Aside number two: I've often dreamed of being in a band that does some Gang of Four / Les Savy Fav angular punk groove while I scream "I Can't Hear The Words!" as a hook to the song. Kind of like a Mark E. Smith style take on meta-music that would translate as a presentation of my aversion to live bands who you can't understand and bands like No Age who eschew the opportunity to be clear on record.

There are occasions when I don't give too much of a damn about the vocal content -- say the music already sounds badass (old REM, old Animal Collective, Sigur Ros et al), or lyrics would get in the way of the grandeur of the music that's there (Tortoise, GYBE et al). But most of the time vox are a deal-breaker for me. I didn't love the Fall until I sat down with the lyric sheet for "This Nation's Saving Grace" while listening to it. That record is funny, smart, and catchy and I had no idea for a while. Now they're one of my fave groups. Same story applies for the new Titus Andronicus record.

On top of this attention I've paid to No Age's albums, I saw them in concert. I was not very impressed. Apply the same above gripes, but just pump up the volume I guess.

I don't see the greatness in this group. Does anyone in here see it? Is there some situation you'd recommend this album for -- say, loud during a drunken night or something? Or should I just stop trying. I've listened, rather, forced myself to try and enjoy Nouns about six or seven times. I just get irritated by it.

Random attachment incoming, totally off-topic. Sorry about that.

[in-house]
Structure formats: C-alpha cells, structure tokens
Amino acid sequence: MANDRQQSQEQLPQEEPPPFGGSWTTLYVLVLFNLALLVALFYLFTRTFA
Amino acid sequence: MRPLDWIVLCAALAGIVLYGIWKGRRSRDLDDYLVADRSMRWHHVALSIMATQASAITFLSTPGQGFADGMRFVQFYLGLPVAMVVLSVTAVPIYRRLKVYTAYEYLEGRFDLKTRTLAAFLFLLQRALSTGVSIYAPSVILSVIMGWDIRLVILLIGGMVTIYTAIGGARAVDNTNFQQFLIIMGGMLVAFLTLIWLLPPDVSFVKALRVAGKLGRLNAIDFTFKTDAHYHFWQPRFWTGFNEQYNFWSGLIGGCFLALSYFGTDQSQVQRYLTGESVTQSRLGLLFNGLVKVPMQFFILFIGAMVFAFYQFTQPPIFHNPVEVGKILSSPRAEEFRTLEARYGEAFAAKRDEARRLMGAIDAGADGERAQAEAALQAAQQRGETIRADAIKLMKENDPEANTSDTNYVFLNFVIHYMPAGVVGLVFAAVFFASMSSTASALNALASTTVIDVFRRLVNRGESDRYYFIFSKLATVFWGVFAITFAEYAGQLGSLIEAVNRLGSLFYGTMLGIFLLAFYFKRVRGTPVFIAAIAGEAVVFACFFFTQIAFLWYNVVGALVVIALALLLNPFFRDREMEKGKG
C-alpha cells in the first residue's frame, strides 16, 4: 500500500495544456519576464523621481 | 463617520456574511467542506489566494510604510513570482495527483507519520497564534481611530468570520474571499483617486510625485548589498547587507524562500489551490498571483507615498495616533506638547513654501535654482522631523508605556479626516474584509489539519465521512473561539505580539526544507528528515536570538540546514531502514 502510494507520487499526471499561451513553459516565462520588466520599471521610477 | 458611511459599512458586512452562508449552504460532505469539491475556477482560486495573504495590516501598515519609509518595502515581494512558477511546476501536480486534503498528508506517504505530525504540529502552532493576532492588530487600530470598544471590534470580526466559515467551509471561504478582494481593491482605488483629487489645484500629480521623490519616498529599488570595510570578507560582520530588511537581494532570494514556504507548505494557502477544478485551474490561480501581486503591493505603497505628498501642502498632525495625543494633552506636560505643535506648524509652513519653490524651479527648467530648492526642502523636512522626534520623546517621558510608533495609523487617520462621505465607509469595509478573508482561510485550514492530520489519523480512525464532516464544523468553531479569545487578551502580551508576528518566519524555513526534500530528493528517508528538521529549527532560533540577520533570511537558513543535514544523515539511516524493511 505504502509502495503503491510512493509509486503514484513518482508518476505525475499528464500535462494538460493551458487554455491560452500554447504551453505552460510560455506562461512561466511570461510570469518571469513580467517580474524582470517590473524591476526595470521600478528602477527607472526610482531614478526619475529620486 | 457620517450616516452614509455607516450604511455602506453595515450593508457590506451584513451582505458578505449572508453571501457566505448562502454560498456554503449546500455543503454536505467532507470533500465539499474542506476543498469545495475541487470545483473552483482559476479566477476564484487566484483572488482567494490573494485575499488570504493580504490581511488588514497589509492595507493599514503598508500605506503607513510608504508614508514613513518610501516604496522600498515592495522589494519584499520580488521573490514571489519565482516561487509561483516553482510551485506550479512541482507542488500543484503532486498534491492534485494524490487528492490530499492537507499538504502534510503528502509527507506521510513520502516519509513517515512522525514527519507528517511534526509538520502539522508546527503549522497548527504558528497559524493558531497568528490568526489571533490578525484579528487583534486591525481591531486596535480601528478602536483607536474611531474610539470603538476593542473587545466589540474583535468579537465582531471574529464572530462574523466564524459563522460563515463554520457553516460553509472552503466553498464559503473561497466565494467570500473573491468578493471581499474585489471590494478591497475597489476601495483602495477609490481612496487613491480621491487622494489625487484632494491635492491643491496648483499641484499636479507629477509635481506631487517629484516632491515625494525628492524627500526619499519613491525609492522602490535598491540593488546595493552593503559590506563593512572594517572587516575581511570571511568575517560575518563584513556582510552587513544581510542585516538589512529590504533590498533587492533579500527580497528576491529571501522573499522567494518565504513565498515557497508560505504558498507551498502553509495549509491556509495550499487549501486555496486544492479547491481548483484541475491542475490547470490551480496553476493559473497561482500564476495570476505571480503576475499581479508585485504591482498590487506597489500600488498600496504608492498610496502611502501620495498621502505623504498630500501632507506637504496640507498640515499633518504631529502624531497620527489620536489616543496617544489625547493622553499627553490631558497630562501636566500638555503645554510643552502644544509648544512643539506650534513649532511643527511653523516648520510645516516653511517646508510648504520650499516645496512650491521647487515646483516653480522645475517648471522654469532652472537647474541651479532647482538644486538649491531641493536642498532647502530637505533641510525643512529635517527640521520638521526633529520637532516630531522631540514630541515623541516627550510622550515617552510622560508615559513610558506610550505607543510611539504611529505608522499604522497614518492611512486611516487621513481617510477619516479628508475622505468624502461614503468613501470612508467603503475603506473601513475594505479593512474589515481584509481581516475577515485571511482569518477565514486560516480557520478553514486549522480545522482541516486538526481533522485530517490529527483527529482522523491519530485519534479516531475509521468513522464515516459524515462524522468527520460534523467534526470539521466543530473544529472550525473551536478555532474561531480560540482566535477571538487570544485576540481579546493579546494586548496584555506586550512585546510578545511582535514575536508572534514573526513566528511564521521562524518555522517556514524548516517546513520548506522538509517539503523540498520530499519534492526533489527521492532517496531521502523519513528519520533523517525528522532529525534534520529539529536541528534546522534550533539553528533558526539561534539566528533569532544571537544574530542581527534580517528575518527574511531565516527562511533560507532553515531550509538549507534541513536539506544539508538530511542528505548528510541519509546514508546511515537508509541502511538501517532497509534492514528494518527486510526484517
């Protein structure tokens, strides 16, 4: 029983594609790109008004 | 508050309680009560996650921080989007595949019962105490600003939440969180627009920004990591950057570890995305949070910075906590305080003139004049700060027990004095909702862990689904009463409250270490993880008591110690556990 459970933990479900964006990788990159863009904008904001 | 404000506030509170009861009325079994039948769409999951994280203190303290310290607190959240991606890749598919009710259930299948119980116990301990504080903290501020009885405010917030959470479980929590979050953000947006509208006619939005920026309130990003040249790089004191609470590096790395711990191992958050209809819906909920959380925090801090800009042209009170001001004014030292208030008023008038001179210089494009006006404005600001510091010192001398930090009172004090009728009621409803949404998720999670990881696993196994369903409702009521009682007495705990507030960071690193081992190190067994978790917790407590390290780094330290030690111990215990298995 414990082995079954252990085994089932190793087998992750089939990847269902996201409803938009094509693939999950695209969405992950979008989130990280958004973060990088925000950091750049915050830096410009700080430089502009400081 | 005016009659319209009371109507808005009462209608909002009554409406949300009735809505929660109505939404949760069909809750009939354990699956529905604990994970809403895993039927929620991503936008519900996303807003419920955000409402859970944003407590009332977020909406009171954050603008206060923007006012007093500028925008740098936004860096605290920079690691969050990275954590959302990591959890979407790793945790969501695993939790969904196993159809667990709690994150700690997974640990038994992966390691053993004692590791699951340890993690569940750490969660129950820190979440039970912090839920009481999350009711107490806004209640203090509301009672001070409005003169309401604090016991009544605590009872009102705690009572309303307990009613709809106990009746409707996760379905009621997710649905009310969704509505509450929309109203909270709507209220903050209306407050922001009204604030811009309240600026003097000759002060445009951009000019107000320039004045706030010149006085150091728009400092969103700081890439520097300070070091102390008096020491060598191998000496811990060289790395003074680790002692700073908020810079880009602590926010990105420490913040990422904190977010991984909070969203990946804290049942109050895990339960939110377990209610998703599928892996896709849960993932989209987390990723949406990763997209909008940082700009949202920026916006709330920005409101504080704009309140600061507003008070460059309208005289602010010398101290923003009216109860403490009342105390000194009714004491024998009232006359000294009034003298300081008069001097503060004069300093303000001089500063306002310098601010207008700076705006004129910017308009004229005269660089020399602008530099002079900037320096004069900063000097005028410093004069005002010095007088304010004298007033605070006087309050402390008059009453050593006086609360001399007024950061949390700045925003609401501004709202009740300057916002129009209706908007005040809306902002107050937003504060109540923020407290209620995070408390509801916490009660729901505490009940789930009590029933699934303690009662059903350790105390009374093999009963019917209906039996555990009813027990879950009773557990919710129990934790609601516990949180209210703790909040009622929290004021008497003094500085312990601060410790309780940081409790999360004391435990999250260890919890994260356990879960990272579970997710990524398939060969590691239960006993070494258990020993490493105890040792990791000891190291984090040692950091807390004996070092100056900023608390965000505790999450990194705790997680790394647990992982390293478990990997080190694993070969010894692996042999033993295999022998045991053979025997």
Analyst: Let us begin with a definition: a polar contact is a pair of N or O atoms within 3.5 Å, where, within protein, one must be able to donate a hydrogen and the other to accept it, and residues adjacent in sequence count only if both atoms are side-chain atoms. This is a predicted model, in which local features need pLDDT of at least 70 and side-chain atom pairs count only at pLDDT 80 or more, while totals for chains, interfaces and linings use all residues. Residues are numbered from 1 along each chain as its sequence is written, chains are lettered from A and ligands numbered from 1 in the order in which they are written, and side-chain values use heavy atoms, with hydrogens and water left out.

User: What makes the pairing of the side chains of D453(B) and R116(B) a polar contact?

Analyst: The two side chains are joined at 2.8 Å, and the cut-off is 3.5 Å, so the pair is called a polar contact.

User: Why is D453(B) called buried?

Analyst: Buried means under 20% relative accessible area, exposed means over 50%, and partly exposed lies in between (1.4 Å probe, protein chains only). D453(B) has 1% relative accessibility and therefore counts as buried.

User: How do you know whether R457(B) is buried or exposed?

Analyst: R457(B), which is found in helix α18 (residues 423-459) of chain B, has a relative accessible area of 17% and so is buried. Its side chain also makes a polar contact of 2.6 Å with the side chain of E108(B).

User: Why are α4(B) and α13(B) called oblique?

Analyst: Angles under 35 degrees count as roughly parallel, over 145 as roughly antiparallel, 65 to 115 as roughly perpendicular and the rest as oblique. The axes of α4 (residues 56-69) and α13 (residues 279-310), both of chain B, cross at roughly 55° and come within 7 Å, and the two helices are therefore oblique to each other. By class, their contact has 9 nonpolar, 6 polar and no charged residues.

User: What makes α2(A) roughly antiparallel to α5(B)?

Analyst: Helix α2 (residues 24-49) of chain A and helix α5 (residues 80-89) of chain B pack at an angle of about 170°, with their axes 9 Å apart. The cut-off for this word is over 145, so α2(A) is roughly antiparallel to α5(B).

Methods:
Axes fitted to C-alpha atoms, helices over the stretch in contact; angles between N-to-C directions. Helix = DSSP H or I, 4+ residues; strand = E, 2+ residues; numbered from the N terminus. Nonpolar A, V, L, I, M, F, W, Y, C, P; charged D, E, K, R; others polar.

There are those albums or bands that really grow on you. I personally hated some stuff like "OK Computer," "Loveless," Aphex Twin's "Selected Ambient Works Vol. 2," the music of Fennesz, etc etc. that I grew to love over sitting with them for a few weeks or so. Maybe this is what'll happen to me with No Age but it honestly seems like a remote possibility. We shall see I suppose.

One friend of mine suggested that, conceptually, they are presenting a sound that crosses punk with minimalism. Fair enough, you are appealing to a side of me that I like to indulge, but I don't think that sounds very interesting to me. As an ex-punk lover myself, I dig the spazness of the sound. I don't think minimalism and punk would hang out and get along and perhaps No Age is the proof of that.

I asked some people on about this problem and a girl responded quite shrewdly: "maybe people think they are being rebels of some kind by saying that they dig a noisy rock record. It's got a cool cache to it in that sense." My response, too bad we can't serve up Daydream Nation side-by-side, a record I think is pretty universally amazing.

I've been working on this message for a few days, picking up where I left off when I have some free time here and there... and for a while I had resist the temptation to say, hey, maybe after finally dishing out what my problems are with this album, I'll find the point that will get me to like it.. and I think that point almost came when I said "they are giving us a really unique take on rock." But, unique or not, I just don't find this band enjoyable at the end of the day. You can be fresh as anything in history but be on the bad side of quality.

I love you all